In driving under the influence (DUI) cases, juries are given specific instructions on what they should “consider” as a chemical test refusal. During the trial, a District Attorney most likely will try to say that the “refusal” reflects a consciousness of guilt. The typical argument that the District Attorney will bring to light is that had the suspected offender not been drunk, he or she would have agreed to chemical testing. While this may sound like a good argument, if jurors hear a valid reason for the suspected offender to have refused chemical testing such as physical injury, a medical condition, or the request to speak to a California DUI attorney first, they often will dismiss the refusal.
Instructions to Jurors
The specific instructions given to jurors under the California Jury Instruction (CALJIC) guide in regard to refusals (89.6.1), states that:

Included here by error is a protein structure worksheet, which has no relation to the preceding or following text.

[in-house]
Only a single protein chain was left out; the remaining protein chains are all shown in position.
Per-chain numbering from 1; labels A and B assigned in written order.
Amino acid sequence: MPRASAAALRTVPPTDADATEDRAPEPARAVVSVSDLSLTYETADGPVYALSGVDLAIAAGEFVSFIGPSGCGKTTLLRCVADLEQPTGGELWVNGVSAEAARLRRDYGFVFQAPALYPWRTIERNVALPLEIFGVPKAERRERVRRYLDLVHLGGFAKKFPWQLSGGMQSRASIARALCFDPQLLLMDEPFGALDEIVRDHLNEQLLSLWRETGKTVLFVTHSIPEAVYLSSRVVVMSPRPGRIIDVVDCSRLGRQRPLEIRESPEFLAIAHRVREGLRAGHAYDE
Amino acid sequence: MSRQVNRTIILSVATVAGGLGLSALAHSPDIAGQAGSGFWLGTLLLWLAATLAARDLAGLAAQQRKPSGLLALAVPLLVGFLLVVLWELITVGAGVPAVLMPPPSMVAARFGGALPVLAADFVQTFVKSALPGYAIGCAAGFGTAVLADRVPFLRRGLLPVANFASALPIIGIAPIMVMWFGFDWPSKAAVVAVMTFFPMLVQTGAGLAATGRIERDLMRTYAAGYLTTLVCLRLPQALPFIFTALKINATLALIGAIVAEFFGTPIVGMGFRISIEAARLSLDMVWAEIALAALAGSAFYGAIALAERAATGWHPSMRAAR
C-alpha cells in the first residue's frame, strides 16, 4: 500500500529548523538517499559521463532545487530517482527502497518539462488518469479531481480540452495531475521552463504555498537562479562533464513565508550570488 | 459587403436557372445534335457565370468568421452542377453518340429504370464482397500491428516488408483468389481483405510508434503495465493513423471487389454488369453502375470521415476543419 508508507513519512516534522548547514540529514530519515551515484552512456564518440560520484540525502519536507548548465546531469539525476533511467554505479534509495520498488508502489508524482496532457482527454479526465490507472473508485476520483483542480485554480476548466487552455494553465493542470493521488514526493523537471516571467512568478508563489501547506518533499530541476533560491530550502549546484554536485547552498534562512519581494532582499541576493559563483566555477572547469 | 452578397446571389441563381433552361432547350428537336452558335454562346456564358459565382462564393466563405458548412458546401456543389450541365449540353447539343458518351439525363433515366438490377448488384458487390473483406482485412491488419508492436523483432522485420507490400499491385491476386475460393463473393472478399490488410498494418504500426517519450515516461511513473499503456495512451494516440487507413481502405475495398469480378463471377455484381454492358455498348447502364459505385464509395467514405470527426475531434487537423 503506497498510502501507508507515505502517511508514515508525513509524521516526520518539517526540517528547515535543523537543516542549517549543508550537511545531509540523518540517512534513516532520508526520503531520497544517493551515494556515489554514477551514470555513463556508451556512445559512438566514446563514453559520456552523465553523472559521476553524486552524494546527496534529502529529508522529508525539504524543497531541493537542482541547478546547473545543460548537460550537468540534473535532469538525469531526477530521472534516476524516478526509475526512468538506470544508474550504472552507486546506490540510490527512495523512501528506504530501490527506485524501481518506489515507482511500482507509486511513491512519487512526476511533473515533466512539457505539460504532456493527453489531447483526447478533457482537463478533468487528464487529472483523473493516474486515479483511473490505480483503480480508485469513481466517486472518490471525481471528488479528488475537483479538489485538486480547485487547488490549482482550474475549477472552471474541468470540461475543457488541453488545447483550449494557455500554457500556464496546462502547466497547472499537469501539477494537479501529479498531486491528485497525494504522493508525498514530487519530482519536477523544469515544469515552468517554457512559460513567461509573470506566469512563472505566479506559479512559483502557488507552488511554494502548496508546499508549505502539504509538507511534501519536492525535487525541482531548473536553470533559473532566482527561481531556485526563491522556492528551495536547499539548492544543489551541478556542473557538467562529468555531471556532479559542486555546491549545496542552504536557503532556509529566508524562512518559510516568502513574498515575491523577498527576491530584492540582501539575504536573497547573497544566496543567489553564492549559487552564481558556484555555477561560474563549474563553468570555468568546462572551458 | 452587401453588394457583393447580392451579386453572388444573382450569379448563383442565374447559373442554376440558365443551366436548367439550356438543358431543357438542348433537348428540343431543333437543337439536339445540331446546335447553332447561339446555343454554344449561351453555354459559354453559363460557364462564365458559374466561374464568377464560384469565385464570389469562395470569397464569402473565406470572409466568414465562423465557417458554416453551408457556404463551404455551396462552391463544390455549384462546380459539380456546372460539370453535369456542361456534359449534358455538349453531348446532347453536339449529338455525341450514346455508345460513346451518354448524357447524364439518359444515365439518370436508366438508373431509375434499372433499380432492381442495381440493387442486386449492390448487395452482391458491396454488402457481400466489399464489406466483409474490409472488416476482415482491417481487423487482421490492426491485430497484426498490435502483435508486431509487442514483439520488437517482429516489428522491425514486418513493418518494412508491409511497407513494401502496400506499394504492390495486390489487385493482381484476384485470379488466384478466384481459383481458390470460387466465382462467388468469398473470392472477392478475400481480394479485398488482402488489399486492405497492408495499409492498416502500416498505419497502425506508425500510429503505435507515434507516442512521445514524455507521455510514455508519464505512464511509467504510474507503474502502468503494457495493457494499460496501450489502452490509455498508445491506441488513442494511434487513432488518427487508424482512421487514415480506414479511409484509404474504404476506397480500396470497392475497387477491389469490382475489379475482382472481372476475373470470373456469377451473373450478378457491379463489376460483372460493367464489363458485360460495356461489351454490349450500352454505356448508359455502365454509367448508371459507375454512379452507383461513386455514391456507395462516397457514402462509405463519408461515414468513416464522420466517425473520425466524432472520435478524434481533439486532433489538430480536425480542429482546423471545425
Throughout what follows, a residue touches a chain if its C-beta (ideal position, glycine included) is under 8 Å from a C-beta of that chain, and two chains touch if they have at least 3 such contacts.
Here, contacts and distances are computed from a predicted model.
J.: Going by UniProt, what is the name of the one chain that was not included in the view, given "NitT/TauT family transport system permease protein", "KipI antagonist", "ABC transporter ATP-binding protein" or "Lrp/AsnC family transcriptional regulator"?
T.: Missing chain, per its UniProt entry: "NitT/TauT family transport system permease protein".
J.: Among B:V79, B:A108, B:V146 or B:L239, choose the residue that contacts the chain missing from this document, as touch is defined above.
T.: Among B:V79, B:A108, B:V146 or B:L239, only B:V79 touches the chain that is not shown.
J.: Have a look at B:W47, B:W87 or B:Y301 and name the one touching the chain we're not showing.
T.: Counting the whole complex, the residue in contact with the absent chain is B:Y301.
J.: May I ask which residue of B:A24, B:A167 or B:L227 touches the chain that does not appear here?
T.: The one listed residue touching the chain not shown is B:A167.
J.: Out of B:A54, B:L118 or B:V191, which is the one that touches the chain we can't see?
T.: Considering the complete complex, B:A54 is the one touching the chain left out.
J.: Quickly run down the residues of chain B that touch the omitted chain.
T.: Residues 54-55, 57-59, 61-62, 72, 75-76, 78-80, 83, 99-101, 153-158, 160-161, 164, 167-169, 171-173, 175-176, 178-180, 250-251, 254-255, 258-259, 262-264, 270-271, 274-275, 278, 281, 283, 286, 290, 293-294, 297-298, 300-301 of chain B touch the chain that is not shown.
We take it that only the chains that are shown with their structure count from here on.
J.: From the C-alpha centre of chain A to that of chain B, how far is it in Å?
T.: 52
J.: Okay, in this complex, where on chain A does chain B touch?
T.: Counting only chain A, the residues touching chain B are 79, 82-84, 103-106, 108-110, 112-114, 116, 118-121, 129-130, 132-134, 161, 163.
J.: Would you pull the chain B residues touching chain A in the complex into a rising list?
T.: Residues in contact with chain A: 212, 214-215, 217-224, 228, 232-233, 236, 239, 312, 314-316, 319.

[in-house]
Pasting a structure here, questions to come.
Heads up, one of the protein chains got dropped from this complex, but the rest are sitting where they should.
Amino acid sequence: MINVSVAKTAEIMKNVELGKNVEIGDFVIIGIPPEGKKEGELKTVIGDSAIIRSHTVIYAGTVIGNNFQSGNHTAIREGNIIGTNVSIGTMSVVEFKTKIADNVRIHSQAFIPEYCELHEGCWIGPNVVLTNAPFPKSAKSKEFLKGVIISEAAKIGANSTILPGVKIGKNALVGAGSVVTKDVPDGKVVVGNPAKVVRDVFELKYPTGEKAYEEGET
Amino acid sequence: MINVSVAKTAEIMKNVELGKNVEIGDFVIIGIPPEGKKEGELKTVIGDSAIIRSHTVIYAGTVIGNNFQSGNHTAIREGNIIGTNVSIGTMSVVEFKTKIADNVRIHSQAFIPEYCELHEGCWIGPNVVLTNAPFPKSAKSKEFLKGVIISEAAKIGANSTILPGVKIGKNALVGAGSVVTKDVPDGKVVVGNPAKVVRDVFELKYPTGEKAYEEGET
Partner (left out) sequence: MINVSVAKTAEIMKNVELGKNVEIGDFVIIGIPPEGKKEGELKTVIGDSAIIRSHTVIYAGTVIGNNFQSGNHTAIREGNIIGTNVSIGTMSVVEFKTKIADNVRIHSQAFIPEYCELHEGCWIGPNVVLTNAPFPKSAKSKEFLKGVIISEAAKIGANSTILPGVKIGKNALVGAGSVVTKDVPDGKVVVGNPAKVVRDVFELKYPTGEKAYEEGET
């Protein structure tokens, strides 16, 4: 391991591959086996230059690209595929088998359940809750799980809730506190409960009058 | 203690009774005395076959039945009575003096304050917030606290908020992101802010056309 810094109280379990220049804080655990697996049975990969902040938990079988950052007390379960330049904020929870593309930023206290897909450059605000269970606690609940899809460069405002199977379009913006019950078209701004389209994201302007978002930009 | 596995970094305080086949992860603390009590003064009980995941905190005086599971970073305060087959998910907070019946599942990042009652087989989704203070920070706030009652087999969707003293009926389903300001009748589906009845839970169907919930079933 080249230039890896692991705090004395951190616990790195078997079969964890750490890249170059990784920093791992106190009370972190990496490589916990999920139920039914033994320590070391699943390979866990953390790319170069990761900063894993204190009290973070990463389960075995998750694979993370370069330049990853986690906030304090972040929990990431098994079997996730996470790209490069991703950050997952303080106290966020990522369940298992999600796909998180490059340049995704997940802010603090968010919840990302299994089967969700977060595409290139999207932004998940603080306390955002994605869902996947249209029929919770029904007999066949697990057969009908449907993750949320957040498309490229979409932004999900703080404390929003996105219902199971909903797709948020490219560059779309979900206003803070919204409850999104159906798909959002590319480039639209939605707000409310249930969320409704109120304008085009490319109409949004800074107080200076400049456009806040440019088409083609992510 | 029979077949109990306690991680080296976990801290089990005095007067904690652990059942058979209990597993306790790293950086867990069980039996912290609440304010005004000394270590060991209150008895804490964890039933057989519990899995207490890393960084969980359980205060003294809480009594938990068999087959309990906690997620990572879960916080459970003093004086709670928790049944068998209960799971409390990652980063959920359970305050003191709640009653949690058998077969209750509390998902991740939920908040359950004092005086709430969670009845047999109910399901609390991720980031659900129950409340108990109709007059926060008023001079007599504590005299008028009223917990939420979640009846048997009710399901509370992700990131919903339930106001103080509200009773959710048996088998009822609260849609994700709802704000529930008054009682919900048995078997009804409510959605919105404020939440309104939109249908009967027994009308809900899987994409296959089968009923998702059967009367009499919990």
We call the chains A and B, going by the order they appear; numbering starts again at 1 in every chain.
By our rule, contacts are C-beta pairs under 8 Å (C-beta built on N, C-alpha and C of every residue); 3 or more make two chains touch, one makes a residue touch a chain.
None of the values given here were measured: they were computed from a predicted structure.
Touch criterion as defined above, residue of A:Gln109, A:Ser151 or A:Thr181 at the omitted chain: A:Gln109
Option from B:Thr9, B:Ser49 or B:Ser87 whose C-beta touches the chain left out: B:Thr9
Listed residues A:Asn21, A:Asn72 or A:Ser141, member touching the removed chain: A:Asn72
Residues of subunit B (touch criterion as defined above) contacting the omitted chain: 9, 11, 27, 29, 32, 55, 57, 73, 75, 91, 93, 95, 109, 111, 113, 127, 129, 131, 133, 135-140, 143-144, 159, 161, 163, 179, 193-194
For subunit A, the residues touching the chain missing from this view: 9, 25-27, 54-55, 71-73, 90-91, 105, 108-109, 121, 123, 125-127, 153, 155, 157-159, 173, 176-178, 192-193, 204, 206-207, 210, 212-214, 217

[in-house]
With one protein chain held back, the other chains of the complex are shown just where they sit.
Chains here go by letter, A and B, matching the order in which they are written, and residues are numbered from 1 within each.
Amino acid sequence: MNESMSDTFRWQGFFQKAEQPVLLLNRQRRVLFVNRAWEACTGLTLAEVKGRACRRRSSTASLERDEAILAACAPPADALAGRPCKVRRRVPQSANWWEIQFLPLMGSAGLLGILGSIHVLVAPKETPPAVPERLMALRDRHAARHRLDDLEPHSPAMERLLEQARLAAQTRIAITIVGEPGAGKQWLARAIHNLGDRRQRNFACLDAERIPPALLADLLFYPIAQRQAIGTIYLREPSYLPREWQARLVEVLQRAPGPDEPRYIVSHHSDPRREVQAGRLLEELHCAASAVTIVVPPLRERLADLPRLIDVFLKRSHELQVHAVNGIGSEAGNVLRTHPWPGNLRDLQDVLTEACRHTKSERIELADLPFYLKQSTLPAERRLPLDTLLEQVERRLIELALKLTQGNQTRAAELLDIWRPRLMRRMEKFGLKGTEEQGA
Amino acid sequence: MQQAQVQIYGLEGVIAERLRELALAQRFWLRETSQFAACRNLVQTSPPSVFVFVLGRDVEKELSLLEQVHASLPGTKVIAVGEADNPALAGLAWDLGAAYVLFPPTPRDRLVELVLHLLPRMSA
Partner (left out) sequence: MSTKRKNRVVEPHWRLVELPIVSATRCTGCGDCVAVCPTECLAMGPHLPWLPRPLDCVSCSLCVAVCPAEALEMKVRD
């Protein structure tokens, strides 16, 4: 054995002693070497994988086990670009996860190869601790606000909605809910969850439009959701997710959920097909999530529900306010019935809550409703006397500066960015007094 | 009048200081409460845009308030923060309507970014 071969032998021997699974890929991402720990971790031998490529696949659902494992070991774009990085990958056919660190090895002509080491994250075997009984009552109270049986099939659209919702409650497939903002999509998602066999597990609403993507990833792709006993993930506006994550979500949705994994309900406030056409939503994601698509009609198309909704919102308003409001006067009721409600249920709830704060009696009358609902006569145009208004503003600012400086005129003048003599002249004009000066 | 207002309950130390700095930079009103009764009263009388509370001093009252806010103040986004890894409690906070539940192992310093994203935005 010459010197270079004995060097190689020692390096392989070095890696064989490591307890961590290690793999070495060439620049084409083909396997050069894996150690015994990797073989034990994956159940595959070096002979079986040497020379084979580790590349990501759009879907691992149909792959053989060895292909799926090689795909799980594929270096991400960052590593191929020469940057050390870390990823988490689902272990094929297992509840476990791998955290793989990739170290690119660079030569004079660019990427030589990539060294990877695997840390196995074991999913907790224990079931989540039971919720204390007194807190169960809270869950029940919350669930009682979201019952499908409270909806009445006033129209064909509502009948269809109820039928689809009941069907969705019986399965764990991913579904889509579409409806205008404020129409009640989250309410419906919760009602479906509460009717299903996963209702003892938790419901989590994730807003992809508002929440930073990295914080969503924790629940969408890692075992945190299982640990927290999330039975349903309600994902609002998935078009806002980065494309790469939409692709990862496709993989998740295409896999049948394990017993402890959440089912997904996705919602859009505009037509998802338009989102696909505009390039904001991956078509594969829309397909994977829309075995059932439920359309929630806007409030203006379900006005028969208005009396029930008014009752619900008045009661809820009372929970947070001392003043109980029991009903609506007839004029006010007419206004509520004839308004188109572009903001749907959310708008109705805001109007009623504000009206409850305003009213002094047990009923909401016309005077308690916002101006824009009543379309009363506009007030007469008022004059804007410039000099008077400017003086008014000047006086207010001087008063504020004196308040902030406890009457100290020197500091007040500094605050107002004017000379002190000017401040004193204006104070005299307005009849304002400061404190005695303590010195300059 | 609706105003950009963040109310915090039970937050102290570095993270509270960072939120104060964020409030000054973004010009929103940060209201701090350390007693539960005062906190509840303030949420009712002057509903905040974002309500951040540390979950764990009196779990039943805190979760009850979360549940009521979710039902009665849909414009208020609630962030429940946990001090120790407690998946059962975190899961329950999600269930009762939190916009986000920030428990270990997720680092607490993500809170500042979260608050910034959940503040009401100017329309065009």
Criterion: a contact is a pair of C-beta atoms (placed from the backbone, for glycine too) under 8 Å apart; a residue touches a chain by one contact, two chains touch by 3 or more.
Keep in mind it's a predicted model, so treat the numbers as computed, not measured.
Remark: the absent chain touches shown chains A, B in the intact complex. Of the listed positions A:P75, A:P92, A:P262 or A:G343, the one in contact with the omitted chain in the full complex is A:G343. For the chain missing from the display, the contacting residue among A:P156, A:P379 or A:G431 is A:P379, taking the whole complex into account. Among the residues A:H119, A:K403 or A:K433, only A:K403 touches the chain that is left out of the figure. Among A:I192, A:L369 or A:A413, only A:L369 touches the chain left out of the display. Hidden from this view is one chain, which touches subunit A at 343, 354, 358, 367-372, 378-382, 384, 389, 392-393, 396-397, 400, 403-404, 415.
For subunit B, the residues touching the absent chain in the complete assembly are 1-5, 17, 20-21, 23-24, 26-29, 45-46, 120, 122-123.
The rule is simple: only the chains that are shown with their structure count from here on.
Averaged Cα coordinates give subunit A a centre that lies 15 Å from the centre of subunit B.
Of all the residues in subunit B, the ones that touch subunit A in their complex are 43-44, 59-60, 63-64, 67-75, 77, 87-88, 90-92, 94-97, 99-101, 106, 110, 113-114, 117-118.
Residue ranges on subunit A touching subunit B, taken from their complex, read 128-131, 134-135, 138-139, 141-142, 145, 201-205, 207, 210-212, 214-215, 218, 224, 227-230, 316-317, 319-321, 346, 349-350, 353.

“If you find that the defendant was offered and refused a choice of a blood, urine, or breath sobriety test after [he] [she] had been made aware of the nature of the tests and their purpose, that refusal is not sufficient, standing alone and by itself, to establish the guilt of the defendant, but it is a fact which, if proved, may be considered by you in the light of all other proved facts in deciding whether the defendant is guilty or not guilty. The weight to which this circumstance is entitled and whether or not that conduct shows a consciousness of guilt are matters for your determination.”